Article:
The day has come, the spotlights are up, a line of police buses sits at the ready. Times Square is expecting half a million people to usher in the New Year, and as I intimated in yesterday's delicate critique of the district, I will not be one of them.
Crowds daunt me. New Years daunt me. Most daunting of all is the job of summing up the old one. It's a relief that the news doesn't stop at these turning points in life's odometer. I can charge ahead, too, and mention the lead stories in the Times (the report that China's been purloining U.S. military secrets for 20 years, not just on Clinton's watch--bully for the Democrats); in the Daily News (more on the dramatic decrease in NYC homicides--bully for the gun-control lobby); and in the Post (one of the paper's photographers caught a rodent scampering among the pastries in a midtown Dunkin' Donuts--bully for the writer who came up with the headline "Under Mouse Arrest.").
I say that the news doesn't pause to take stock, Maud, but I may have to revise that judgment. Is it a coincidence that as the century winds down, we've seen several old horrors creep out of past like so many scythe-bearing Fathers Time? First Pinochet, then leaders of the Khmer Rouge, and now, as reported in today's Times, two more officers of the Argentinean military who organized kidnappings and torture during the "Dirty War." Yes, the political circumstances that pulled these men into the spotlight differ; and it remains to be seen whether the KR leaders will even come to trial. Hun Sen wants to pardon them, and the Times, which also had a piece today on the debate about bringing the KR to justice, points out the reluctance of many Cambodians to revisit past atrocities. Still, I would like to believe that beyond the fin-de-whatever inspiration to put history in order is the urge to do some global housecleaning. Maybe the Post had the most profound take on current events after all, with its picture of the rodent exposed to public censure after it had trotted on the last doughnut it would ever defile.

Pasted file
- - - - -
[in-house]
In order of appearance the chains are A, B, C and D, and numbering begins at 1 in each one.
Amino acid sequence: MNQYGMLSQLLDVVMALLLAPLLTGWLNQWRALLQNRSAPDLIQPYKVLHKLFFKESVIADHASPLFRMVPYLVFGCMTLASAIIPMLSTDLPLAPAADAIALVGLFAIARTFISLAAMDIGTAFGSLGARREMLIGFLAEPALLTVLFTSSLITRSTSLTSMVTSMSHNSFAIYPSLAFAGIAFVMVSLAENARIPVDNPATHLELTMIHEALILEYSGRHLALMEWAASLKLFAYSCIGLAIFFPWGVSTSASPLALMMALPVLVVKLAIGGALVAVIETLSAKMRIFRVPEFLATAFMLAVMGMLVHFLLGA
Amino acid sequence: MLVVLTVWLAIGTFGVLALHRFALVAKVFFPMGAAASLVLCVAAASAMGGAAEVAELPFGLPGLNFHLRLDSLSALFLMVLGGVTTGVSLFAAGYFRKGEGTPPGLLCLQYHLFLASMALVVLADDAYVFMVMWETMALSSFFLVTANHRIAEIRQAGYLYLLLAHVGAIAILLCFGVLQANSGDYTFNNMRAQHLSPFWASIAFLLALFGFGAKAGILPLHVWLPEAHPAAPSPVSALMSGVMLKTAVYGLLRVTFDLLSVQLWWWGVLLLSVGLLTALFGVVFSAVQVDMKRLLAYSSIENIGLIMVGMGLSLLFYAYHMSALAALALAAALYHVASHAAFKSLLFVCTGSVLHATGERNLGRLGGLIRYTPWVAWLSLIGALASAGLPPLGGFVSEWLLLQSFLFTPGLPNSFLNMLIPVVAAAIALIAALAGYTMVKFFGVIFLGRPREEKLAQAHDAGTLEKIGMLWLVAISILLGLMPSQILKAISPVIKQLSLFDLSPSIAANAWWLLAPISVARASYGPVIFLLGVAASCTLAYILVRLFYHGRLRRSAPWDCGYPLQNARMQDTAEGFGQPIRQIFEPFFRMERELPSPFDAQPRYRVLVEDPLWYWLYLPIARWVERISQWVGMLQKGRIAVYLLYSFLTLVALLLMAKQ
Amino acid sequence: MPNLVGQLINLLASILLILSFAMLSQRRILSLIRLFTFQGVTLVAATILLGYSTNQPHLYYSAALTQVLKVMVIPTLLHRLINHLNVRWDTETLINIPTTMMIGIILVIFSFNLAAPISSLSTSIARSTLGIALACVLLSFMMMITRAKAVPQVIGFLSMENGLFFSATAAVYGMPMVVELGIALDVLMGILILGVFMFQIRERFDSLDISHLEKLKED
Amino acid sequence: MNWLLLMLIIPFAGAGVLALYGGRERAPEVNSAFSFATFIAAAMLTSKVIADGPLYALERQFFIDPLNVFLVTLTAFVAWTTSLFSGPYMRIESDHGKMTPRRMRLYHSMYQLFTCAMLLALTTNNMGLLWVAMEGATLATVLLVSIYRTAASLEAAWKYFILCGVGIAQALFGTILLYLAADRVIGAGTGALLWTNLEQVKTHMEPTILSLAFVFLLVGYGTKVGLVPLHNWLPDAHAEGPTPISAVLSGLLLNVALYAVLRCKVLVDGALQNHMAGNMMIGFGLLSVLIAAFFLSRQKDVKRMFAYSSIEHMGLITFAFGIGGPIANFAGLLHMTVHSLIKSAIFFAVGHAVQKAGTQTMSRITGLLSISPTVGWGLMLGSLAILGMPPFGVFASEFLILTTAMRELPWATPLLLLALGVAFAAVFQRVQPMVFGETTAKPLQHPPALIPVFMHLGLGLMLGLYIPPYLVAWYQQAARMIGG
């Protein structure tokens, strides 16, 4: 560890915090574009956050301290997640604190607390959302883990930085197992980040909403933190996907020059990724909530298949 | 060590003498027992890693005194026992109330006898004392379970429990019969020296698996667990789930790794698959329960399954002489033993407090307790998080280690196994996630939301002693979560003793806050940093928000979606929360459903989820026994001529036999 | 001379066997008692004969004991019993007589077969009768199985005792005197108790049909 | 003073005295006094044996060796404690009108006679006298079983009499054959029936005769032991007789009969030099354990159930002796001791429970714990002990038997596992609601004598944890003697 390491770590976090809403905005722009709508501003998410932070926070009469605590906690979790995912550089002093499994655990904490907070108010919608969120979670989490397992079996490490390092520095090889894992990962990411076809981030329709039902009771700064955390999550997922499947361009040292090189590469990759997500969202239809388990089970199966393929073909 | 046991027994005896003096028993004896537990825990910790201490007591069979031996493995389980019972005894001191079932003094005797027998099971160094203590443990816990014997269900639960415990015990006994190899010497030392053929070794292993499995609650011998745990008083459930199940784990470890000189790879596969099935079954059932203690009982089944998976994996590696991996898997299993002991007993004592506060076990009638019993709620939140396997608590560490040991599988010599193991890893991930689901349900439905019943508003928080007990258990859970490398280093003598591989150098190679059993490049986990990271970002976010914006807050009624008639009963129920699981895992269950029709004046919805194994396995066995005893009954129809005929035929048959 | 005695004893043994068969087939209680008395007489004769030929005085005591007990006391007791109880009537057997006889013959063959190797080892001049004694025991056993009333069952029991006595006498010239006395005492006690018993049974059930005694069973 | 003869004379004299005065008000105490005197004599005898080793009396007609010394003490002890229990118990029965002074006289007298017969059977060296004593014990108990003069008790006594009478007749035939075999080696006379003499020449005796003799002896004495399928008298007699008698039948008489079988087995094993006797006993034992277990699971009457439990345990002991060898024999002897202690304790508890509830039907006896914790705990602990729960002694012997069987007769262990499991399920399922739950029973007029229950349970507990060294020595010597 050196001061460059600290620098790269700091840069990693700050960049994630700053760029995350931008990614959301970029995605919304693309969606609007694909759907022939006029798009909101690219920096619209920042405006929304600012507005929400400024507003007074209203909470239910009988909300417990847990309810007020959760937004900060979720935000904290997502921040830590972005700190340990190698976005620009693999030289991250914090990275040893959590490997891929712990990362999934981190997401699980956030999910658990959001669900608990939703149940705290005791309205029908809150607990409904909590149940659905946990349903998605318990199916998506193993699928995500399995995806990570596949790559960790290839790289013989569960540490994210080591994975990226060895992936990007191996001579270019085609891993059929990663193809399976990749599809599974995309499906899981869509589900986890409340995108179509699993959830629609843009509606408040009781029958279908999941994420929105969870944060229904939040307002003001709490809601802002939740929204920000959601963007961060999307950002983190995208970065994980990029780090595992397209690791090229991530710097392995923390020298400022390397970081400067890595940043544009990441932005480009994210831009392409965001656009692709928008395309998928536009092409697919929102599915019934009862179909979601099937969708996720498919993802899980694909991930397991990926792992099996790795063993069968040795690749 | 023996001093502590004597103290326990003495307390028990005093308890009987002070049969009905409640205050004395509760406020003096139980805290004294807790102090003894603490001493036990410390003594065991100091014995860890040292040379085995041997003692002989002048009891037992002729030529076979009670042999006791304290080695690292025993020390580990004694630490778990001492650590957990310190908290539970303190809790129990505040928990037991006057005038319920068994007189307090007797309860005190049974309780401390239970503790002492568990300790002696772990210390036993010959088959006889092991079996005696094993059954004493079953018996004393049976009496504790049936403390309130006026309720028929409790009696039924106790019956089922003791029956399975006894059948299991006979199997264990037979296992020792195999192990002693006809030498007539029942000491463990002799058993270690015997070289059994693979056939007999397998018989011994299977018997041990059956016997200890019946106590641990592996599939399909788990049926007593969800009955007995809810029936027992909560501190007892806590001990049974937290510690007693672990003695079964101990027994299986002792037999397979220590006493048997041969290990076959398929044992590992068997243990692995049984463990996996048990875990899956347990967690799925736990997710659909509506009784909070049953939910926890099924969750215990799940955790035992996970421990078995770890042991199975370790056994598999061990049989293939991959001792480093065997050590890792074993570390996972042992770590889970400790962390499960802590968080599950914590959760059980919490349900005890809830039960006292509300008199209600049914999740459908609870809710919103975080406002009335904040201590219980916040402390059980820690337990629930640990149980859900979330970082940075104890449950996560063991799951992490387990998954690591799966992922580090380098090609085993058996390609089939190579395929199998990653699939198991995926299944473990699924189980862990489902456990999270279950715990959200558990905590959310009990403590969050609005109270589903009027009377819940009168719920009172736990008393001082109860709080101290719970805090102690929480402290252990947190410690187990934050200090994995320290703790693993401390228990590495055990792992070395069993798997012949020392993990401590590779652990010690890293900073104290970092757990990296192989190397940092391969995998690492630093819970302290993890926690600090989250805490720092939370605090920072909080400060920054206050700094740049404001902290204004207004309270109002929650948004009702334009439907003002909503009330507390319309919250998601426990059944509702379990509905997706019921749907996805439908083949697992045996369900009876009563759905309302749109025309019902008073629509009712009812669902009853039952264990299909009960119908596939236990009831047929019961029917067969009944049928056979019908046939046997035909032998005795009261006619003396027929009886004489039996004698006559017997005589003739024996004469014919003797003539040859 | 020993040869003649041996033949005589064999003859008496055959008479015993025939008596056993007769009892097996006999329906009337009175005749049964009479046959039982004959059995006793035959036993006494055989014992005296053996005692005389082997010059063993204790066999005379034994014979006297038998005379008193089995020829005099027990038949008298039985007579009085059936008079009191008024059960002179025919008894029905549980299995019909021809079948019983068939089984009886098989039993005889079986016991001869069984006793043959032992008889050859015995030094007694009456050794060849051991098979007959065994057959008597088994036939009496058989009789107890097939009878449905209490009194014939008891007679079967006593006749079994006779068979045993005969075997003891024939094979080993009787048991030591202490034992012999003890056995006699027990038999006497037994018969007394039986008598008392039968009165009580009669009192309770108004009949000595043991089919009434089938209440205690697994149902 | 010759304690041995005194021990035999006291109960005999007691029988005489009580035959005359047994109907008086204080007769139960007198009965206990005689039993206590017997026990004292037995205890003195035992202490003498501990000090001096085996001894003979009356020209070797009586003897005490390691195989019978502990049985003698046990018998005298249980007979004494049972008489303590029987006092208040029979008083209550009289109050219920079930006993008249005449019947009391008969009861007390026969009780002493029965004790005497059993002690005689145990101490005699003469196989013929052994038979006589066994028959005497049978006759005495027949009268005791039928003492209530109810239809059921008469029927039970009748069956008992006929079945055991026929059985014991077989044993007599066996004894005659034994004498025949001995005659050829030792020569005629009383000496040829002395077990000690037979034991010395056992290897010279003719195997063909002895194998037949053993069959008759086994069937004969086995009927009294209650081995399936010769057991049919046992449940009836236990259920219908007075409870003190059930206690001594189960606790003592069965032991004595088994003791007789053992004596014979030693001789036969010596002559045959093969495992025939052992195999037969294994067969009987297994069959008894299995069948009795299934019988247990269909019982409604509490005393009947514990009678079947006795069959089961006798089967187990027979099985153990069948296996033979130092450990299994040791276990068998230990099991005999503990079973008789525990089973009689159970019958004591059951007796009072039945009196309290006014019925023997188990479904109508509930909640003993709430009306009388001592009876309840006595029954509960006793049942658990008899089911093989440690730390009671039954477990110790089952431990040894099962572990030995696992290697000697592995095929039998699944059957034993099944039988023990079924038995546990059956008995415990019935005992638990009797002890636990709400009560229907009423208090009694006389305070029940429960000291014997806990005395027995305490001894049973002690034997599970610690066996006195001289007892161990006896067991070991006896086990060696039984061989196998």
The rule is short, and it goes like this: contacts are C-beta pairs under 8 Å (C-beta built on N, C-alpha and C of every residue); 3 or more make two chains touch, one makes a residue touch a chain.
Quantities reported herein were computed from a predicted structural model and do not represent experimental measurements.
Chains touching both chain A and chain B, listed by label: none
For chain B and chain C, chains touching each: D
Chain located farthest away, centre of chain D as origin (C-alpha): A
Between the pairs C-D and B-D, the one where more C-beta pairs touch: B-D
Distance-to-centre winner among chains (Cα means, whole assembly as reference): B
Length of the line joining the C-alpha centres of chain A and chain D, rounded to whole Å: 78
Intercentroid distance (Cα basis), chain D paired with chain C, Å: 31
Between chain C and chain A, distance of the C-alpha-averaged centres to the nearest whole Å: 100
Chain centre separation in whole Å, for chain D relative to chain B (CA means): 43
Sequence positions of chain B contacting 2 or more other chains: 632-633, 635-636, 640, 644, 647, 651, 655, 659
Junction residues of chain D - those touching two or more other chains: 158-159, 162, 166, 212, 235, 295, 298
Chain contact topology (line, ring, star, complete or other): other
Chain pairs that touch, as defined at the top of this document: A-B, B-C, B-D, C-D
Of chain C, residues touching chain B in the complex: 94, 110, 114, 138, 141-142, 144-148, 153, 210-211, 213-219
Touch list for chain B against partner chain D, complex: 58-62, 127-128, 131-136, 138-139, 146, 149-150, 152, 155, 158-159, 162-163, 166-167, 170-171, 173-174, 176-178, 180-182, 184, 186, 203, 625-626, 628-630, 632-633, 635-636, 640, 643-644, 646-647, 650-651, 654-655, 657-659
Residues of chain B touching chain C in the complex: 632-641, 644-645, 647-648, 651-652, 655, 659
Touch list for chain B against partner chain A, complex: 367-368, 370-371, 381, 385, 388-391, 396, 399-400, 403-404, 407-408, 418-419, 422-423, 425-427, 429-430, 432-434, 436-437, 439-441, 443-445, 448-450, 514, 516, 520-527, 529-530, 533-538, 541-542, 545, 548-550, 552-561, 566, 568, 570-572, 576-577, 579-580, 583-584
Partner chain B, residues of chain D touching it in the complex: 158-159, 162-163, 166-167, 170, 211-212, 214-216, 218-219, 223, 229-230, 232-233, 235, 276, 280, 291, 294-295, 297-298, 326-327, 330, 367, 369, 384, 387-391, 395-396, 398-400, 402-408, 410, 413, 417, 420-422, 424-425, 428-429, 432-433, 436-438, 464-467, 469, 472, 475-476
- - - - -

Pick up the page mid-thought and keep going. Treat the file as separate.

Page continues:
When, a couple of weeks ago, a Republican congressman--I forgot who--was asked why he risked alienating his constituents by voting to impeach Clinton, the congressman said he believed people would forget the offense by the time elections rolled around in two years. Maybe he was suffering from a bout of amnesia of his own--overlooking the fact that two years after pardoning Nixon, Gerald Ford was ousted from office by people who still felt stung by the act. Memory may be selective, especially in these information-flooded times, and in this epilepsy-producing modern landscape of flashing signs and animated screensavers. But it seems to me that cavalier efforts to suppress memory, or breezy assurances that amnesia will set in, or the hope that time will defang murderous tyrants are the best ways of keeping recollection alive.
You asked about my New Year's resolutions. They are modest. I resolve in 1999 to make a decent vinaigrette. I buy expensive olive oil, I work hard at the proportions, and still it never tastes right. I also resolve to use fewer hyphens and to be more diligent about recycling. Anything more ambitious will leave me feeling inadequate by February, forget about the millennium. My New Year's wishes are of a different order, and start with the hope that Karadzic and Mladic will be dragged kicking and screaming to The Hague.
Much joy to you, dear, in this final year that begins with a "1" and has three consecutive identical numbers for the first time in 101 years. Nothing so rare can be truly insignificant, can it? I look forward to seeing what's in store for us and the world.